Elevation: 8692′ or 2650 meters
Today, we began our Kilimanjaro trek. We also had our first good view of the mountain. It was amazing. I had no idea that the mountain would have such a prominent snow cap. And, it appeared as amassive of a mountain as I ever seen excluding Denali.
The day started at Ndarakwai Ranch. We had breakfast, weighed our gear that the porters would be carrying. My gear that a porter would be carrying weighed 12 kilos. The porters are not allowed to carry more than 15 kilos of a climber’s gear. So, I was cool. I went ahead and weighed my daypack and it weighed 10 kilos. That’s nice and light.
From Ndarakwai Ranch we were taken to the Kilimanjaro Ranger station where we each registered and all park fees were paid. Bernard, our head guide handled the park fees and registration. We just had to sign a roster. We stayed at the ranger station for about an hour.
After all the legalities were handled, we headed to the trail-head which was about an hour drive through some heavily rutted dirt road. Without the Thomson safari range rover trucks, we would not have made it through this dirt road to our destination. I could only handle an hour of this drive before I started to get motion sickness. Riding on that road was like being on a boat in rough seas. I felt seasick!
We arrived at the trail-head at approximately 12:30. We had lunch and then hit the thickly forested trail.
I must tell you that the Thomson Safari team is amazing. The guides and porters are top notch. I am so impressed by their organization and execution. I am so impressed. Everything has been so well-thought out and executed. Thomson runs a great operation with a crew of amazing people.
Our lunch consisted of baked chicken, cold pizza, small yellow bananas, small cheese sandwiches, hot tea, coffee, juice and water. The table was setup for us and we were catered to very well. I felt spoiled and a bit ashamed at how pampered we were.
We hit the trail somewhere around 2:00pm. The introduction to the kili trek was not for the faint of heart as the trail started off very steeply like walking up a staircase. Unfortunately, the trail proved too difficult for a 75 year old judge from Pennsylvania. Twenty minutes into the hike he had to withdraw from the trek as he fell three times. Old age is so heartless.
The elevation at the trailhead was approximately 7400 feet. The trail steadily climbed until we reached Forest Camp at 8692 feet. The weather was pleasant with cool breezes sweeping over us at just the right moments, adding comforting relief.
The trails was well-defined offering beautiful scenery.
My group’s guide is named Sunday. He is a very pleasant, amicable 35 year old man. He led us at a slow but comfortable pace all the way to Forest Camp.
Sunday is married and has two children, a boy and a girl. I cannot remember his son’s name but his daughter’s name stuck with me for whatever reason. His daughter’s name is Harriot, a very pretty name.
When we arrived at the Forest Camp we were greeted by one of the most spectacular greetings as all of the porters (all 37) and the guides broke out into song and dance in Swahili. I took a video of it and will post it on youtube. It was awesome.
I have met some amazing people on this trip so far. My fellow climbers are friendly and interesting people. Among our group is a very pretty and intelligent cellular biologist named Naina. There’s also a father and son duo, Larry and Mike. They are good people people from the great state of Minnesota. They are very warm and friendly. There is also Ross, a very tall and friendly man. He knows a good bit of about everything, it would seem. Also, he has experienced a heck of a lot of adventures in his life time. He is very knowledgeable of Africa, Tanzanian culture and wildlife.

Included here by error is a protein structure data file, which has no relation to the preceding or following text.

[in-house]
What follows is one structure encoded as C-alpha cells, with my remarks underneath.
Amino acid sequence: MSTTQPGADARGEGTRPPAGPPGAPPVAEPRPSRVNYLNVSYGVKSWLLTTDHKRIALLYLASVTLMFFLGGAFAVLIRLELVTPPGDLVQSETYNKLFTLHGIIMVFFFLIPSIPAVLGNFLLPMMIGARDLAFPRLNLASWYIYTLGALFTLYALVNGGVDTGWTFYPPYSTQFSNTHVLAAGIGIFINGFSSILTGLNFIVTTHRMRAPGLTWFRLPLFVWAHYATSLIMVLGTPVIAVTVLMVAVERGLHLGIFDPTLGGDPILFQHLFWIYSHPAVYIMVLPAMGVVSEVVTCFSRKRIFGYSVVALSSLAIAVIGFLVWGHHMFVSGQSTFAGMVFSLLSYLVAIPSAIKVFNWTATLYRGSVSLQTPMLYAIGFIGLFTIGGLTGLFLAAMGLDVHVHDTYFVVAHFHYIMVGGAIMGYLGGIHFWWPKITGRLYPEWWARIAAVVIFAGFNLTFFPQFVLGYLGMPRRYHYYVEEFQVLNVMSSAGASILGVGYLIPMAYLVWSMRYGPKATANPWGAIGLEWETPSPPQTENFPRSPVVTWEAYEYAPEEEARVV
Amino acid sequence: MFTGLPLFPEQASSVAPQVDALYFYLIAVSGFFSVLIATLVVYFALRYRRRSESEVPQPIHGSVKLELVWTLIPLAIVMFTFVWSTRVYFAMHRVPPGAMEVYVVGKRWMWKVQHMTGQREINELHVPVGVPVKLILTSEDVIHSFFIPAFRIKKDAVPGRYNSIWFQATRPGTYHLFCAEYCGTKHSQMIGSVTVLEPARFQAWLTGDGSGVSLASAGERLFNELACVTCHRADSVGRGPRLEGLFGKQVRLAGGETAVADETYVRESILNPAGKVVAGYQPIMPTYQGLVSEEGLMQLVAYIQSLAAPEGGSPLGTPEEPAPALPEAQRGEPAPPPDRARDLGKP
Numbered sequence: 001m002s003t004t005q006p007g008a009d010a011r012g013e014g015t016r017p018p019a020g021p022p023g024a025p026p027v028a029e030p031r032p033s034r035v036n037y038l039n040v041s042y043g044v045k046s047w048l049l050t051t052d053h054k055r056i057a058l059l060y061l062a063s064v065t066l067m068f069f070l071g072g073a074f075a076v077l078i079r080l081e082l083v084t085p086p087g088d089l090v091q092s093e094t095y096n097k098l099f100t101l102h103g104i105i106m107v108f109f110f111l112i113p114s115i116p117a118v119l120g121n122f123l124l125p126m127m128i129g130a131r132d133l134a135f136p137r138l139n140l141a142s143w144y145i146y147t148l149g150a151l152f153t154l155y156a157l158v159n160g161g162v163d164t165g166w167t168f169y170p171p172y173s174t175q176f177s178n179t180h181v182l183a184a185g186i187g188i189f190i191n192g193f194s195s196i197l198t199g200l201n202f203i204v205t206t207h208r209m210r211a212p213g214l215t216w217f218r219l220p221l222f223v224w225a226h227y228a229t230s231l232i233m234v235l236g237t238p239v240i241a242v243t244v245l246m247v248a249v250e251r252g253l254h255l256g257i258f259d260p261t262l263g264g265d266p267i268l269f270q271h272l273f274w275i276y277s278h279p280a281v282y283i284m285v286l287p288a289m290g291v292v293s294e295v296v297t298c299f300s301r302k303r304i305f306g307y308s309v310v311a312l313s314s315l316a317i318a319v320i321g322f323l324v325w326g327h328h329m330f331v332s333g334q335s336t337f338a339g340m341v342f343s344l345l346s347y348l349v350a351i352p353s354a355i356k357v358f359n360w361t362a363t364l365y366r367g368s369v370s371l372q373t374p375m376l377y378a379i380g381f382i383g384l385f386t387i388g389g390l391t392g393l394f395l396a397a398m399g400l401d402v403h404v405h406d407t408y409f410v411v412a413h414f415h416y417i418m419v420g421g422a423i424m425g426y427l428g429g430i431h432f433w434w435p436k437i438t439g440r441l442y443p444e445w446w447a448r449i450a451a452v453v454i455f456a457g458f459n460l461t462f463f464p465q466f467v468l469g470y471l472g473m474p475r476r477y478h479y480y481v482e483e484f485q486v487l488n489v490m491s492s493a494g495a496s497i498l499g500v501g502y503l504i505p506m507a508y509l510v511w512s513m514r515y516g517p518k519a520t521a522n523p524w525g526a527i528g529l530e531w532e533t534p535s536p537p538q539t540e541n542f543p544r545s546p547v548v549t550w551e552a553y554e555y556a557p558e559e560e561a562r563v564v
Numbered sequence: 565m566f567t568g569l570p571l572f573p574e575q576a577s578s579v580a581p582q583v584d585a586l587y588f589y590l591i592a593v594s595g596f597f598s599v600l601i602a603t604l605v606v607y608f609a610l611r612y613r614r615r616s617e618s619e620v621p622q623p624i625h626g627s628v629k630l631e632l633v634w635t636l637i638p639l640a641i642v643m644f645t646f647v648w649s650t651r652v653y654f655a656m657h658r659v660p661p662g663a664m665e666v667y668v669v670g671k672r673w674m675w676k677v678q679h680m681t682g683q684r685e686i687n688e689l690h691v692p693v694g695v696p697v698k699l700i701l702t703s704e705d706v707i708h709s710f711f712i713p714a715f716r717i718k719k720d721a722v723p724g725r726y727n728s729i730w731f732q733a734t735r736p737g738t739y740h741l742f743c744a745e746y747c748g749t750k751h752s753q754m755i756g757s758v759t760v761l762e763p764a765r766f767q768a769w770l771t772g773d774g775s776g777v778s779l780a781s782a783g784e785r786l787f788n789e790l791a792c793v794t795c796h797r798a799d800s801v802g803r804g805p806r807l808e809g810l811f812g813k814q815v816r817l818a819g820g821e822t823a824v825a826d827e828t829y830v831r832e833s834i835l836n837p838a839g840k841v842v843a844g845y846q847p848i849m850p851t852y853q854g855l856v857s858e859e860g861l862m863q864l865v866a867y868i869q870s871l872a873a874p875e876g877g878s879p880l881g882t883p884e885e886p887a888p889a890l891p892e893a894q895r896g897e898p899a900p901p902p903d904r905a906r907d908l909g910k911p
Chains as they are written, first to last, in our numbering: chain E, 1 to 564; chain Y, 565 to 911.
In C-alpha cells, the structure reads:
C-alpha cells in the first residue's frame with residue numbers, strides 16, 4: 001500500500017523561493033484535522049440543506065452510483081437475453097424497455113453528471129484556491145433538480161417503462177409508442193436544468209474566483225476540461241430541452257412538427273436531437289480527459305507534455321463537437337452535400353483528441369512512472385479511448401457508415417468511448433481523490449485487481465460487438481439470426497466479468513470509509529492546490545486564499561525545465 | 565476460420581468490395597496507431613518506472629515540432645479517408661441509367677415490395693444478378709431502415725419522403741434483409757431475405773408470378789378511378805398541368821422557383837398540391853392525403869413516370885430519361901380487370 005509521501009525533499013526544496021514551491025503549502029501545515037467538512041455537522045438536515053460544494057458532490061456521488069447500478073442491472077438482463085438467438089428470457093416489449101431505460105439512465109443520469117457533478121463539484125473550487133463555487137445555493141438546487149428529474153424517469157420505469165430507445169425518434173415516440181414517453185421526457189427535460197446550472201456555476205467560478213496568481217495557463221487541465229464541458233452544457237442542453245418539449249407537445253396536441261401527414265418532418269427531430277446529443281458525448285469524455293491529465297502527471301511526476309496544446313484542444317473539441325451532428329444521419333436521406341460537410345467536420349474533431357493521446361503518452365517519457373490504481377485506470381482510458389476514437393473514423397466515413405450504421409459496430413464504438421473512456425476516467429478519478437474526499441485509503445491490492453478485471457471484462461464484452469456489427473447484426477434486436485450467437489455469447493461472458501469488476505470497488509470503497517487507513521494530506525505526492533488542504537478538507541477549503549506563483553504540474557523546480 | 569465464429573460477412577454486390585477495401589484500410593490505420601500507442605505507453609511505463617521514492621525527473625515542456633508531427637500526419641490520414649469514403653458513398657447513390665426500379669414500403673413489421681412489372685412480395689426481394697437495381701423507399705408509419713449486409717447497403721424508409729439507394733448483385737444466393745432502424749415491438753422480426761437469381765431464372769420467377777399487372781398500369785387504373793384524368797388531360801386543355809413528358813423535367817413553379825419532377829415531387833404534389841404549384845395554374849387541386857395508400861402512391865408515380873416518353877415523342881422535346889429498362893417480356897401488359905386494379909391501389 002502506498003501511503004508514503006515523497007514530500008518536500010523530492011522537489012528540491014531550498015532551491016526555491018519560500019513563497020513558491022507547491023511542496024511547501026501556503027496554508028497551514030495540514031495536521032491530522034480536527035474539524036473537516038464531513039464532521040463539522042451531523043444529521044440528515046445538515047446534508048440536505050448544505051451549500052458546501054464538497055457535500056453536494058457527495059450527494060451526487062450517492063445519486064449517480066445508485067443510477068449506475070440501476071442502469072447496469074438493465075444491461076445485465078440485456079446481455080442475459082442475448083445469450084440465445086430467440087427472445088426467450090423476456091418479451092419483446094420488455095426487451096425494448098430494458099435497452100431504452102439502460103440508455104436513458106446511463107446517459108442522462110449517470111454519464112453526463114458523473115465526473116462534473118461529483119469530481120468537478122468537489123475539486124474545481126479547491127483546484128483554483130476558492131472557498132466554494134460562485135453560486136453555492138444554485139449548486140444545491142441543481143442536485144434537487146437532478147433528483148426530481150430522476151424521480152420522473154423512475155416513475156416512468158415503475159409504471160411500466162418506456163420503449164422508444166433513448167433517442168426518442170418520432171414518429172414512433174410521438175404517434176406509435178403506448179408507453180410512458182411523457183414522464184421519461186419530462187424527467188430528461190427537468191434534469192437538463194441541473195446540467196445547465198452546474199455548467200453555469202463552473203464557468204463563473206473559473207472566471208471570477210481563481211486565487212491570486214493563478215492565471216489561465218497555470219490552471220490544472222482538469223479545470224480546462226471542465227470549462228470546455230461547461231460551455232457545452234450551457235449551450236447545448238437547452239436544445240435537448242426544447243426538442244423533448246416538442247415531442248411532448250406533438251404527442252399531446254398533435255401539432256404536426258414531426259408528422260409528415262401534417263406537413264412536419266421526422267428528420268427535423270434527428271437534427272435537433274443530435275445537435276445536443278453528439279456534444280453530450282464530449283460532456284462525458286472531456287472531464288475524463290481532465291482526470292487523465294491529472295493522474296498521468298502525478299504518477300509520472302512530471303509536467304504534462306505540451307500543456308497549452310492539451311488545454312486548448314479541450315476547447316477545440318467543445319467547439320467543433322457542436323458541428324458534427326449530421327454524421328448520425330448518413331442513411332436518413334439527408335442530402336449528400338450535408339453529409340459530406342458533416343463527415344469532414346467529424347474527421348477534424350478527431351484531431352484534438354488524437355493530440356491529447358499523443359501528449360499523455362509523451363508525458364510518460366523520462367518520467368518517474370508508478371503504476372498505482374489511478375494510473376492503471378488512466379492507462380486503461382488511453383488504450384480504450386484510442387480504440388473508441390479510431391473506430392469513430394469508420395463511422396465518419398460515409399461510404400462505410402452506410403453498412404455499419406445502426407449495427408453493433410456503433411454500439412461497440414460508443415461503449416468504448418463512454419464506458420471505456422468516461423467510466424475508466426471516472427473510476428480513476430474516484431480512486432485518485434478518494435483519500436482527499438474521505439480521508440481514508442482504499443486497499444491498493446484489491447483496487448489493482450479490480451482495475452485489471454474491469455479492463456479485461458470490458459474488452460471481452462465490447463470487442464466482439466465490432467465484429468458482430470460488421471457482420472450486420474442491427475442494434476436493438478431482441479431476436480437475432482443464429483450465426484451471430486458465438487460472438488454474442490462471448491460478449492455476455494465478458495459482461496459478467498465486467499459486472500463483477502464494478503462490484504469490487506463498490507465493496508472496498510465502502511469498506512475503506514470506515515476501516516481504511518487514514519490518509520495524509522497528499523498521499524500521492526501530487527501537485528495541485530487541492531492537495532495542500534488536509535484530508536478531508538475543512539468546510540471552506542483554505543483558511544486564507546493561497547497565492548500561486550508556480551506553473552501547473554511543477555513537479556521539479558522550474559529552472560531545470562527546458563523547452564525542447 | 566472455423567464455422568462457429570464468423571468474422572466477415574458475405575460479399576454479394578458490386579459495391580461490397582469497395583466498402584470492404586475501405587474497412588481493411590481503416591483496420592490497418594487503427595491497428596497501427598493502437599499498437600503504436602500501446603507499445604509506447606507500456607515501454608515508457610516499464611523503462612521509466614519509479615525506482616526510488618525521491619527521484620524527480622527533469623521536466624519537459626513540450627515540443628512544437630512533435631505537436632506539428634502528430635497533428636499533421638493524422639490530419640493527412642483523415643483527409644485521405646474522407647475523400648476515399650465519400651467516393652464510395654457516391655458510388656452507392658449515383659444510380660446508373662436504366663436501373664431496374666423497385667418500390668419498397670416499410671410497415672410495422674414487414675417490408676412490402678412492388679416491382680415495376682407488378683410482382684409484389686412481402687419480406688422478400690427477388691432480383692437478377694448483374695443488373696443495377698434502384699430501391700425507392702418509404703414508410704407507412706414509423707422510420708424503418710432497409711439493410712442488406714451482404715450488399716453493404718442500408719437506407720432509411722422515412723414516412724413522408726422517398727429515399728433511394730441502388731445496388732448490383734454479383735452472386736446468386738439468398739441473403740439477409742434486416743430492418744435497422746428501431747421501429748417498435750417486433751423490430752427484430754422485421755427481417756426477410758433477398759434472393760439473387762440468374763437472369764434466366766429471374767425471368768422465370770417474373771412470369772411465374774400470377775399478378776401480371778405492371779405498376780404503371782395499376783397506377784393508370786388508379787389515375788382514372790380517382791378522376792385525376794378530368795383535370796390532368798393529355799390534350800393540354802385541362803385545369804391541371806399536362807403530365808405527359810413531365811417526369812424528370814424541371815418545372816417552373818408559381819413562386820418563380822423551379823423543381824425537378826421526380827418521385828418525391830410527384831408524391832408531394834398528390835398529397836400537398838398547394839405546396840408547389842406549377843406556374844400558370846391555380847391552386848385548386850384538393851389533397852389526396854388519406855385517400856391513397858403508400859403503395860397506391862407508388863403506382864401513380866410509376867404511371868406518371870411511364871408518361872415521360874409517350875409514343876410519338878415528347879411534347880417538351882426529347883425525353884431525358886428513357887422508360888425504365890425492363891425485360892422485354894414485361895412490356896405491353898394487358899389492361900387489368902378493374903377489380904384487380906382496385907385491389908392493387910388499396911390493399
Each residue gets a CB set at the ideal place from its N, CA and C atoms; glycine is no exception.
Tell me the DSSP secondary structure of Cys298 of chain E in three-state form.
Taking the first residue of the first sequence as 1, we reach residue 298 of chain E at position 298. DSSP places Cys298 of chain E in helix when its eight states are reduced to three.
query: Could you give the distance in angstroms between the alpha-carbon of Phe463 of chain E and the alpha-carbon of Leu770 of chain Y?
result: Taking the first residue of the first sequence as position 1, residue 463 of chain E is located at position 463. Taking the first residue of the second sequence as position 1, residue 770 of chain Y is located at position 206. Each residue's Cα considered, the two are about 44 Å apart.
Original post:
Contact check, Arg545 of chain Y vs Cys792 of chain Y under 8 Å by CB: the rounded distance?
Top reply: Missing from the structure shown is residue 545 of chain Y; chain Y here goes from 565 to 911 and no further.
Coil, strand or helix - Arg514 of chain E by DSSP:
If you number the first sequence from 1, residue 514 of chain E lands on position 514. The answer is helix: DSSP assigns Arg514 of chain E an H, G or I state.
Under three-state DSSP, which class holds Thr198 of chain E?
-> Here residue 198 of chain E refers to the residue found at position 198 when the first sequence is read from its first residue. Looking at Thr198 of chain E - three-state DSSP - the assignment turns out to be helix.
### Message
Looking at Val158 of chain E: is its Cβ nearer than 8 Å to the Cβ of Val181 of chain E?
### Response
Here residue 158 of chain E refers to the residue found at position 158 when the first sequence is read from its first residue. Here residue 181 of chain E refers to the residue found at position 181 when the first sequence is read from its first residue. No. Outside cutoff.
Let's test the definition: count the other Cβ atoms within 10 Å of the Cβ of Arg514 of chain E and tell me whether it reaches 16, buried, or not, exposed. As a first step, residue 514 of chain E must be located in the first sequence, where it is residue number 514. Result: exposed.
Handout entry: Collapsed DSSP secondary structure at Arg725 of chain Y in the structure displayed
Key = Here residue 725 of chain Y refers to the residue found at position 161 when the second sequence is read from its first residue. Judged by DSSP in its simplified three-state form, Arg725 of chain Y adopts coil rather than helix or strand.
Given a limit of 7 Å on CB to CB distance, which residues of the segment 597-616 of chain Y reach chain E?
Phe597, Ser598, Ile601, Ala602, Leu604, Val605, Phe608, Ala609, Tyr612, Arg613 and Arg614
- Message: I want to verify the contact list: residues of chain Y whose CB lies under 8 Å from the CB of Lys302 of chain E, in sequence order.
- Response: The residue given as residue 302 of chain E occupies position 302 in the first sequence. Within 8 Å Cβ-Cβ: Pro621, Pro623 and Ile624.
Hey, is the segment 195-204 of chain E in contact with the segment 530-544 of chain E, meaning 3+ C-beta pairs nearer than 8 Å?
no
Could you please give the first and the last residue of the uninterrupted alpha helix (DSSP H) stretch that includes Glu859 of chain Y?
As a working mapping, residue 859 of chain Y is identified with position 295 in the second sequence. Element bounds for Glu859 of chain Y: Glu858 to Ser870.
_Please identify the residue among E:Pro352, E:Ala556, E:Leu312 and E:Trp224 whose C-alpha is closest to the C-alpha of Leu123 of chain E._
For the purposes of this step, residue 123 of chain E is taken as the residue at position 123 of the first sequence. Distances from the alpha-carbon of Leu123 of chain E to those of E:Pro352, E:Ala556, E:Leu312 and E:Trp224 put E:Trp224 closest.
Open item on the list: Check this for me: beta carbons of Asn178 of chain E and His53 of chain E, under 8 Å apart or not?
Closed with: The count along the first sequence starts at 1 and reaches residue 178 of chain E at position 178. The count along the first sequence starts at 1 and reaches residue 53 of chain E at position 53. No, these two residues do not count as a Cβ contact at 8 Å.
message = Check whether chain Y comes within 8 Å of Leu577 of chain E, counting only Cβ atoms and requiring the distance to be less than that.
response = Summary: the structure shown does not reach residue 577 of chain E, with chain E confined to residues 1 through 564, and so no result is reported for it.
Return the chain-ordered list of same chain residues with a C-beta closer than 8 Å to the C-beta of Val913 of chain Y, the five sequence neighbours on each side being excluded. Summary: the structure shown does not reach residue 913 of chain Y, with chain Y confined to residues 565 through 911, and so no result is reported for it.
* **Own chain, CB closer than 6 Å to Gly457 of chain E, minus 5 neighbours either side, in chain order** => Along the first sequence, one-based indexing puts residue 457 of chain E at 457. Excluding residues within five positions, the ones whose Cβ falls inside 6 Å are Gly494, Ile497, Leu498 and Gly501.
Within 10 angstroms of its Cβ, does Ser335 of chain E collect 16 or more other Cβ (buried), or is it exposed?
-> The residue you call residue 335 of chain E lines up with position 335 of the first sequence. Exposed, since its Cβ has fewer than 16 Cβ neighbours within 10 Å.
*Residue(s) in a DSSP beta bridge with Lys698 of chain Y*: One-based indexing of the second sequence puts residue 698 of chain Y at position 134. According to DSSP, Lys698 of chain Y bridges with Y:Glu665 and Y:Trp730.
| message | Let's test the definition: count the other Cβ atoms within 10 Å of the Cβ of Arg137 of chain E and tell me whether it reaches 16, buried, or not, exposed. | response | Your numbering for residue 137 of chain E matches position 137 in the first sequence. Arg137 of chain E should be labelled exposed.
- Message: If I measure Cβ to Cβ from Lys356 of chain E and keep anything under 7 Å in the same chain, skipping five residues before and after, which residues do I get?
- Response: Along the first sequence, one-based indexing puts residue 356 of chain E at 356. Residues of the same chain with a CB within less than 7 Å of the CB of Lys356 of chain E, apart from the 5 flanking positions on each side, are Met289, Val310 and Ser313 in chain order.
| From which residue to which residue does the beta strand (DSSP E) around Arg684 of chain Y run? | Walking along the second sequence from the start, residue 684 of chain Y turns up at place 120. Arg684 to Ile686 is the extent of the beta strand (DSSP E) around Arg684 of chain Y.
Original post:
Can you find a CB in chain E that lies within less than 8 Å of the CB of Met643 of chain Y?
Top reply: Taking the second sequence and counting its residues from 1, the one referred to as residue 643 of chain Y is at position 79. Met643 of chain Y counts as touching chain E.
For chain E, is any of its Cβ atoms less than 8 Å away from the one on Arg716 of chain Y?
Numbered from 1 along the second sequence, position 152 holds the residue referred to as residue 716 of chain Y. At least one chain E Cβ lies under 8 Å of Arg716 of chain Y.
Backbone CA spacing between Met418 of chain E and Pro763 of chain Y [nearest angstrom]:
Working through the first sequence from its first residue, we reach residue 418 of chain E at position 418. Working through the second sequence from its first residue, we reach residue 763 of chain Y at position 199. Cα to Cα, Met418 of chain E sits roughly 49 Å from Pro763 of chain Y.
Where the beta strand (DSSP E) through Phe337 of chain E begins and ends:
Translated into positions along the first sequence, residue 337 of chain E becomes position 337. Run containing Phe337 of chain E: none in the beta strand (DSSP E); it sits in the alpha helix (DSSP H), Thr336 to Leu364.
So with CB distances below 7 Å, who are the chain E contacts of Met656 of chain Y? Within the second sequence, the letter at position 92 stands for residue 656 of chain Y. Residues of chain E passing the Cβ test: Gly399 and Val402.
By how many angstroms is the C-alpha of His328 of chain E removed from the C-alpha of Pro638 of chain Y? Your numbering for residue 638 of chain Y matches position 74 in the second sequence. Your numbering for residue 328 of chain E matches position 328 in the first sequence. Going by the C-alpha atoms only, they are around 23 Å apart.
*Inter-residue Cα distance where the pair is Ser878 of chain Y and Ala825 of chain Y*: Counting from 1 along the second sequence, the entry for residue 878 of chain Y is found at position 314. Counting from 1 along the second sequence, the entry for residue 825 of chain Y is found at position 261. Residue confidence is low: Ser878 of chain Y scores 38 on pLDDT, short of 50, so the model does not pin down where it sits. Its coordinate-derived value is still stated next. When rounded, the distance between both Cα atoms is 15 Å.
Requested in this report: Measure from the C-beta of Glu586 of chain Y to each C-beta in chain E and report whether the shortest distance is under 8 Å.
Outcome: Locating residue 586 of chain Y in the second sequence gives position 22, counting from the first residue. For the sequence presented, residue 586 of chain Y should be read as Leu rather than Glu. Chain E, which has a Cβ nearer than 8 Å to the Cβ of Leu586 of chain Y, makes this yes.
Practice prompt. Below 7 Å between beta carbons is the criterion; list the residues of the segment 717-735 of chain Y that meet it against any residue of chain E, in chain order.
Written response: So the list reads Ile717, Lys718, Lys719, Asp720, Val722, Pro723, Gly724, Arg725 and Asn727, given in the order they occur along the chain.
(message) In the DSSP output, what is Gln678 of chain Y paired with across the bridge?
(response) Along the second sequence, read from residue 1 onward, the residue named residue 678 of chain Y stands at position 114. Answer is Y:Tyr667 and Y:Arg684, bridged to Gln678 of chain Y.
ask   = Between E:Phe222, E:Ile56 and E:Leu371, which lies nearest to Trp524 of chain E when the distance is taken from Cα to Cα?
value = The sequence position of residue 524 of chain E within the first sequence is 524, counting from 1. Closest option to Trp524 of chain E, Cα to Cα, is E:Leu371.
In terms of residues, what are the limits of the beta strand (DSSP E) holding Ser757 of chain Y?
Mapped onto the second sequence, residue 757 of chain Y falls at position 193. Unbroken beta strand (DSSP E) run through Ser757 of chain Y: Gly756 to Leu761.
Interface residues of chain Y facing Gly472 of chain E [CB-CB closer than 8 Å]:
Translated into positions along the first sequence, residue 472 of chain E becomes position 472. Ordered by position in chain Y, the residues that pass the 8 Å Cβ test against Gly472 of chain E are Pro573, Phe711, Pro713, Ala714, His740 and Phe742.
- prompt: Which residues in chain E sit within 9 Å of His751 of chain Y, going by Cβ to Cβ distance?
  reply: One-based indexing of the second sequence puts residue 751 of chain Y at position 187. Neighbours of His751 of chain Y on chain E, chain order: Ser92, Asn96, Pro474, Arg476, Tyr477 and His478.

There is also, Melinda, Francisco and Jason. These guys are from the Bay area and are good friends that travel together frequently. I haven’t gotten to know them well yet but can already tell that they are very friendly people. Look forward to getting to know them more.
Tonight over dinner we discussed about every topic possible: politics, finances, real estate & Nancy Pelosi – the right wing extremist (according to Jason). How did she get thrown into our conversation?
We had a briefing about tomorrow’s upcoming trek. Tomorrow, we head to Shira Camp 1. The hike is 6 to 7 hours and ends at an elevation of 11,500 feet.
Today was a pleasant hike but tomorrow, I think we will begin to experience the effects of high altitude.
I have not started taking diamox. I’m going to play it by ear. If I begin to feel uneasy I will then begin taking diamox. If I can make it without diamox – all the better. I would prefer not to take that medicine.
For dinner we had an excellent cucumber, tomato, avocado salad, spaghetti and some kind of bean soup. I then ate three brownies.
During the briefing, Bernard measured our oxygen saturation and pulse. My oxygen saturation was 86 and pulse was 83. I’m now getting sleepy.
It is chilly and windy outside. I’m in my tent writing this journal entry.
Lastly, here’s my wildlife inventory:
- 3 colobus monkeys: one on the Lemosha trail, 2 outside of the Kili ranger station.
- 2 blue monkeys: on the Lemosha trail.
- 2 servals: in an enclosure in Ndarakwai Ranch
- 2 vervet monkeys in Ndarakwai Ranch
- 4 bush bucks in Ndarakwai Ranch
I saw these plants as well:
- White mangoes: not for human consumption
- impatiens Kilimanjari
- Fire Flower
That’s it for now.